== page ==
U.S. Department of State : Combining on-site answering
A focused dual-function self-service information finder.
The US Department of State, the country’s equivalent of its foreign ministry, has gone to great lengths to make its online information service for nationals and non-nationals self-service by integrating its contact page with its frequently asked questions feature. Both the Frequent Questions and Contact Us site utilities lead to the same tabbed search tool. Clicking the former opens it on a Questions & Answers view; Contact Us on E-Mail a Question/Comment.
Both views can be filtered by any of the same set of 24 topics or keyword; some reveal further ‘sub-topic’ options when selected. Q&A matches link to an answer page, displayed within the feature, which offers a main Answer and Related Answers, all linked to other web pages or sites. The E-Mail Option adds fields for typing in a subject line and question as well as the questioner’s e-mail address. Submitting the form elicits a Preliminary Response to Question (for first-time enquirers only after an interim ‘create account’ page confirming their e-mail address) that offers a match or matches from the Q&A list. These open in a new window so that enquirers have the option to ‘Finish Submitting Question’ if it remains unresolved. They then receive an acknowledgement that the question has been submitted.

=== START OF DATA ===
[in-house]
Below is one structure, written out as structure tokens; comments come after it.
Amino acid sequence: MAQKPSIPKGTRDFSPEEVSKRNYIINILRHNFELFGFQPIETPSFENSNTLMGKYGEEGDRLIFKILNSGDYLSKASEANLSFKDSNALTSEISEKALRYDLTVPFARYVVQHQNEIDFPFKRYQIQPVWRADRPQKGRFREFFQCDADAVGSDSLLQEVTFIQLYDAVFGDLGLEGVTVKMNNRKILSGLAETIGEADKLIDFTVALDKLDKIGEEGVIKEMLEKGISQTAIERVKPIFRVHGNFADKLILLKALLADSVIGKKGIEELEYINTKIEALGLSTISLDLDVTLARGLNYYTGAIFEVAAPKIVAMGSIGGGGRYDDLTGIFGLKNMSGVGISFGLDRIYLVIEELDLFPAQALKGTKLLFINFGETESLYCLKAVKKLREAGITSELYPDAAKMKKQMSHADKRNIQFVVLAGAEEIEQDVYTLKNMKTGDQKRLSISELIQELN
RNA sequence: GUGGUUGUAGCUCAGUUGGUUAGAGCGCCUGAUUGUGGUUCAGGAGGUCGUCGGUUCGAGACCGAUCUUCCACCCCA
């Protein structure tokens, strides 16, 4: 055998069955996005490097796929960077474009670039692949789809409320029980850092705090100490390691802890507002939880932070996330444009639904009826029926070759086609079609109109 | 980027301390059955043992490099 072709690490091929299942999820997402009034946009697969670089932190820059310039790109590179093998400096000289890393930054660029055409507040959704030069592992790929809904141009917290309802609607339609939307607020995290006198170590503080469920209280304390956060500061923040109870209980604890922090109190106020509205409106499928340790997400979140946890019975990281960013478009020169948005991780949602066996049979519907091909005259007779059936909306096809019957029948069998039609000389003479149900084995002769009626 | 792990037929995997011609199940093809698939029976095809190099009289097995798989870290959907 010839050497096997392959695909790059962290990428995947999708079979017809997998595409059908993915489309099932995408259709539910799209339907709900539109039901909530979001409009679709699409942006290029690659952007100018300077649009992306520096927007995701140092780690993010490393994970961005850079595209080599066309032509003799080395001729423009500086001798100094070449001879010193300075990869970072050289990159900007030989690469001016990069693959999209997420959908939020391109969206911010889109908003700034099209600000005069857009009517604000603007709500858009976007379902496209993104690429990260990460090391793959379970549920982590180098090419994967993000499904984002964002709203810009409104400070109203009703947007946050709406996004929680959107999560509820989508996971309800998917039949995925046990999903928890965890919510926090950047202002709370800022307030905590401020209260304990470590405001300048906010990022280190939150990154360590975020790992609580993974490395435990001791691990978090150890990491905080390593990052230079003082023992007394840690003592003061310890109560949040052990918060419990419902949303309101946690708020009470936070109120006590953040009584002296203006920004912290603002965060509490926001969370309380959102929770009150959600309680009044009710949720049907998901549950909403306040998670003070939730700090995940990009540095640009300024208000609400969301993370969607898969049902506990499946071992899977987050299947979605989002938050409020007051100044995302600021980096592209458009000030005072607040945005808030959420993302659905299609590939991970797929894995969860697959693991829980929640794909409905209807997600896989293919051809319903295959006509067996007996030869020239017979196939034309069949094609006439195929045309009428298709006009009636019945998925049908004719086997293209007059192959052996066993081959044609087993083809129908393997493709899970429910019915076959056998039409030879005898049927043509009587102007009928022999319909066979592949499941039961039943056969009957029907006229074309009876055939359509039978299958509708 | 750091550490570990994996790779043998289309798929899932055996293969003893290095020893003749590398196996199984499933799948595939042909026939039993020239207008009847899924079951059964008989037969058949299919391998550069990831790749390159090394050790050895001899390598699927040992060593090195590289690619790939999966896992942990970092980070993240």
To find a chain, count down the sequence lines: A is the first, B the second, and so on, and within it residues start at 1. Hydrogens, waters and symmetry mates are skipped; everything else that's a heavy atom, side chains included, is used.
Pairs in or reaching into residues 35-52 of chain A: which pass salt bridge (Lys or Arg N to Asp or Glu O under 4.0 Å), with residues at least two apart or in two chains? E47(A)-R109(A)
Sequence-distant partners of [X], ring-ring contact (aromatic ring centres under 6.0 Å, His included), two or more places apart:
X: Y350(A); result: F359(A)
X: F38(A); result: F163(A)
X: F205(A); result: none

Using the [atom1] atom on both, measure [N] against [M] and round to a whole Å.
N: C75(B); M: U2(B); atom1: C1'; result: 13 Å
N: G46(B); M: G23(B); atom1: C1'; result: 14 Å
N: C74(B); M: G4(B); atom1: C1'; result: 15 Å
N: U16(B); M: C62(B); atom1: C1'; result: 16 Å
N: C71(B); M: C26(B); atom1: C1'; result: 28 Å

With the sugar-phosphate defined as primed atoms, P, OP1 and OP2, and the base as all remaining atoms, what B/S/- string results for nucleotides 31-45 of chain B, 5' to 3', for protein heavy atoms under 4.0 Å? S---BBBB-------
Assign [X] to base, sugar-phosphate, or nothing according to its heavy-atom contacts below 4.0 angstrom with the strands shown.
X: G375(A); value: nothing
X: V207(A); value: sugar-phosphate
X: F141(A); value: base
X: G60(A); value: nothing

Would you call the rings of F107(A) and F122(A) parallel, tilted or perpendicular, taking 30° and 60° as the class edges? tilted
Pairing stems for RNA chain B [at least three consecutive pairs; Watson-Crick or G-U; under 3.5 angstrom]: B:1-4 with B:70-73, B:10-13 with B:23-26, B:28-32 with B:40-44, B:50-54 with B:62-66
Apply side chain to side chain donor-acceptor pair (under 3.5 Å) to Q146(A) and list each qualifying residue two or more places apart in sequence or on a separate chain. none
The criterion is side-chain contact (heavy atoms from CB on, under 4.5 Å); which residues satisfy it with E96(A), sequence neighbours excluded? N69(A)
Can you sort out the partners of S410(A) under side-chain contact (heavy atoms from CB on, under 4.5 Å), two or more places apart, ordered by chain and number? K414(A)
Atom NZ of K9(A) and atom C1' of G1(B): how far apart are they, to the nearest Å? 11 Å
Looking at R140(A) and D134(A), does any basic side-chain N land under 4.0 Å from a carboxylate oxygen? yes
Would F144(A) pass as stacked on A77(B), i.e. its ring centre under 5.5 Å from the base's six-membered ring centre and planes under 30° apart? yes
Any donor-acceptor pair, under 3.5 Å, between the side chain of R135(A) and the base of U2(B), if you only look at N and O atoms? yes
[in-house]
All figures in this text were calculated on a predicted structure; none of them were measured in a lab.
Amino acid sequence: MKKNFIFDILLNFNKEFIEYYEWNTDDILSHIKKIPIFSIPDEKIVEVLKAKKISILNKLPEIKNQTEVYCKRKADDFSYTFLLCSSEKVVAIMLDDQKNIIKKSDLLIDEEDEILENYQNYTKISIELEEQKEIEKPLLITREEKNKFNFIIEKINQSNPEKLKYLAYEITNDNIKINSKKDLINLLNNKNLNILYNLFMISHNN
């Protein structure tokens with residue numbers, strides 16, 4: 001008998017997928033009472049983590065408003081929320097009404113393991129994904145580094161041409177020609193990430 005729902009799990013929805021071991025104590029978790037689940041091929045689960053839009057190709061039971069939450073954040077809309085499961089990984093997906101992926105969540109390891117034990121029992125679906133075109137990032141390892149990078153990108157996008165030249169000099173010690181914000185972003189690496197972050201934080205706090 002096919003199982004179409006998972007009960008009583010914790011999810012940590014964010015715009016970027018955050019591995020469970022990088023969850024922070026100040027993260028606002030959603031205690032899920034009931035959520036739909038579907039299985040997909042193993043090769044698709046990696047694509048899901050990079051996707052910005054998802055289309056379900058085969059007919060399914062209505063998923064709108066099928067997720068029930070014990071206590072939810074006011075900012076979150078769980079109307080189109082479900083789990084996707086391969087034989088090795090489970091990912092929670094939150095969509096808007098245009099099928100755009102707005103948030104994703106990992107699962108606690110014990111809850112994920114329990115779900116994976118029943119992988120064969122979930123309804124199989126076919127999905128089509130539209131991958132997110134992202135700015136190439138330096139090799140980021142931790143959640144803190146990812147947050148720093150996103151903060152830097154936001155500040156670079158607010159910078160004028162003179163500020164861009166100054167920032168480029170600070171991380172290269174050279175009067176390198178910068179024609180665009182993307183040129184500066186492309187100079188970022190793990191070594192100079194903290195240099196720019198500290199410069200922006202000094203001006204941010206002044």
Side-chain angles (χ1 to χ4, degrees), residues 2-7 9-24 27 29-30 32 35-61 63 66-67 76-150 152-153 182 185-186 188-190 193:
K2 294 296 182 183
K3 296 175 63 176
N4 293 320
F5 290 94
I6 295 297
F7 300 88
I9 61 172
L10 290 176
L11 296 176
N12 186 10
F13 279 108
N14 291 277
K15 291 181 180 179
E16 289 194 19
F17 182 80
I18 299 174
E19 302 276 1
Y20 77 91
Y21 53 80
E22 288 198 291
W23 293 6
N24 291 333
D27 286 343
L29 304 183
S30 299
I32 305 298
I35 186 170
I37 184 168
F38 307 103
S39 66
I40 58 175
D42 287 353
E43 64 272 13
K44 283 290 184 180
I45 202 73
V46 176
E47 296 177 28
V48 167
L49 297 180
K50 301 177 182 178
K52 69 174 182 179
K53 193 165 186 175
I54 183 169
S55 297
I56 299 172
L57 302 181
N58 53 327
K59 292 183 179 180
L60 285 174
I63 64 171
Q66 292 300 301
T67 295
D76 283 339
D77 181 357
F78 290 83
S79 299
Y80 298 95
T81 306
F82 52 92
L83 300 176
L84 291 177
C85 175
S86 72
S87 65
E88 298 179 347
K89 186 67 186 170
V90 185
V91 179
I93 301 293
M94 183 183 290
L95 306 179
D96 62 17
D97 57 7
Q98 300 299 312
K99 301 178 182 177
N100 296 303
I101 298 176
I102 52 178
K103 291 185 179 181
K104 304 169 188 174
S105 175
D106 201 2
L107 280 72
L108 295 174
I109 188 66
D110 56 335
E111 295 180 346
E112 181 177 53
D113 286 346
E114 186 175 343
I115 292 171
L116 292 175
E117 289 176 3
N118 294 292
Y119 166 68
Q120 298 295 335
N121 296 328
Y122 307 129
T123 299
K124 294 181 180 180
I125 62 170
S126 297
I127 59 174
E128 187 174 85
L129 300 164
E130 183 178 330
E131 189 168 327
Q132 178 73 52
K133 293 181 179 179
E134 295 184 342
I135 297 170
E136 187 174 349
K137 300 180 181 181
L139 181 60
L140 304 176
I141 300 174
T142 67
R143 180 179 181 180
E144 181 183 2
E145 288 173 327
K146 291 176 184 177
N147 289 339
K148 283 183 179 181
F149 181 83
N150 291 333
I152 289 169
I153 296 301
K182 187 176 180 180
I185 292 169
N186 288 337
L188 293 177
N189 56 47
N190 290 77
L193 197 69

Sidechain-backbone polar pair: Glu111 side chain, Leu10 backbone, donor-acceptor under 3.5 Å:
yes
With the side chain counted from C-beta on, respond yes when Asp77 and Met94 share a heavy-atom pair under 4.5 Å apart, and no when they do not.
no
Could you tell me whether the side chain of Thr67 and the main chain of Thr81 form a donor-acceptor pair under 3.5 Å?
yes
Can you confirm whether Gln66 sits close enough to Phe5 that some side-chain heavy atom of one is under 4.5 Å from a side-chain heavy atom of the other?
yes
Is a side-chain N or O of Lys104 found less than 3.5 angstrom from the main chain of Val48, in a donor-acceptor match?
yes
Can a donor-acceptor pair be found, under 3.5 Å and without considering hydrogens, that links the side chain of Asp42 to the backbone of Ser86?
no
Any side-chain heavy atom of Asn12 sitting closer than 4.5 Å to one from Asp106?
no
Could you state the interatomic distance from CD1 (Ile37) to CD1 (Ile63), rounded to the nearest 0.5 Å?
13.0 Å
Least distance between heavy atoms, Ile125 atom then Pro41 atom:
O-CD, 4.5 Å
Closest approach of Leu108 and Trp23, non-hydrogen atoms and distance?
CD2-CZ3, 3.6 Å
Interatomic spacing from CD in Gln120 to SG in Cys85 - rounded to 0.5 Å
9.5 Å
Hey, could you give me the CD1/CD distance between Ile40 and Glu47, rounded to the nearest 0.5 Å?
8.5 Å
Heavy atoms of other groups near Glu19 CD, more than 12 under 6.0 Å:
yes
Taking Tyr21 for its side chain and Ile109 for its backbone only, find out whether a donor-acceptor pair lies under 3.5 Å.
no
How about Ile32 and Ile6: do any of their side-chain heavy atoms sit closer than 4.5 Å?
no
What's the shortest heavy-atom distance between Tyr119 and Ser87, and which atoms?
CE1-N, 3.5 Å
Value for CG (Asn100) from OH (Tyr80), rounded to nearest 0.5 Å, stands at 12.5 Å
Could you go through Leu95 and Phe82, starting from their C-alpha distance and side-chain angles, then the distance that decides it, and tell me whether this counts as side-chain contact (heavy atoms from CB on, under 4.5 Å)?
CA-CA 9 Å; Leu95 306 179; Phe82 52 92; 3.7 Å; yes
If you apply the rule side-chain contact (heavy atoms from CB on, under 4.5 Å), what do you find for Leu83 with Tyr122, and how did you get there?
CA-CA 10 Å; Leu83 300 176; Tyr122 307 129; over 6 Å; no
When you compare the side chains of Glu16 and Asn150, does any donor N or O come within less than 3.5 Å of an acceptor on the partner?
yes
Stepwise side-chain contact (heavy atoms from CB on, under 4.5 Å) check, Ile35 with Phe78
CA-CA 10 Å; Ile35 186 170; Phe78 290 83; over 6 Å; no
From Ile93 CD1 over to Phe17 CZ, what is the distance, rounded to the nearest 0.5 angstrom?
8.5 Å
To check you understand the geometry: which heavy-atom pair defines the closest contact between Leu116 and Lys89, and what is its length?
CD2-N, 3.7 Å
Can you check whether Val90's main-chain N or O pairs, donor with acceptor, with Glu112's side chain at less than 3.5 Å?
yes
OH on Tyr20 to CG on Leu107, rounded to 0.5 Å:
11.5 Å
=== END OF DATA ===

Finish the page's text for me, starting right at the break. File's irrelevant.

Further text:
Frequently asked questions (FAQs) are a well-established kind of automated information desk that may direct site visitors to content likely to be of relevance to them. The US Department of State’s set of questions is noteworthy enough on account of its detailed searchability and links, but by allying it to the main Contact Us utility the department has gone to unusual lengths to exploit the advantage to the site owner of FAQs, which is to reduce the volume of individual enquiries it has to deal with directly.
Despite all roads favouring FAQ topics there are a couple of issues that may still send users looking prematurely for more-resource-hungry alternatives. The lack of a forewarning or explanation for the ‘create account’ diversion in the E-Mail channel makes it unduly disruptive and will deter some from proceeding. And the tabbed search tool sits on a page which carries Contact Information including telephone numbers for various topics or services.http://www.state.gov
First published on 03 July, 2007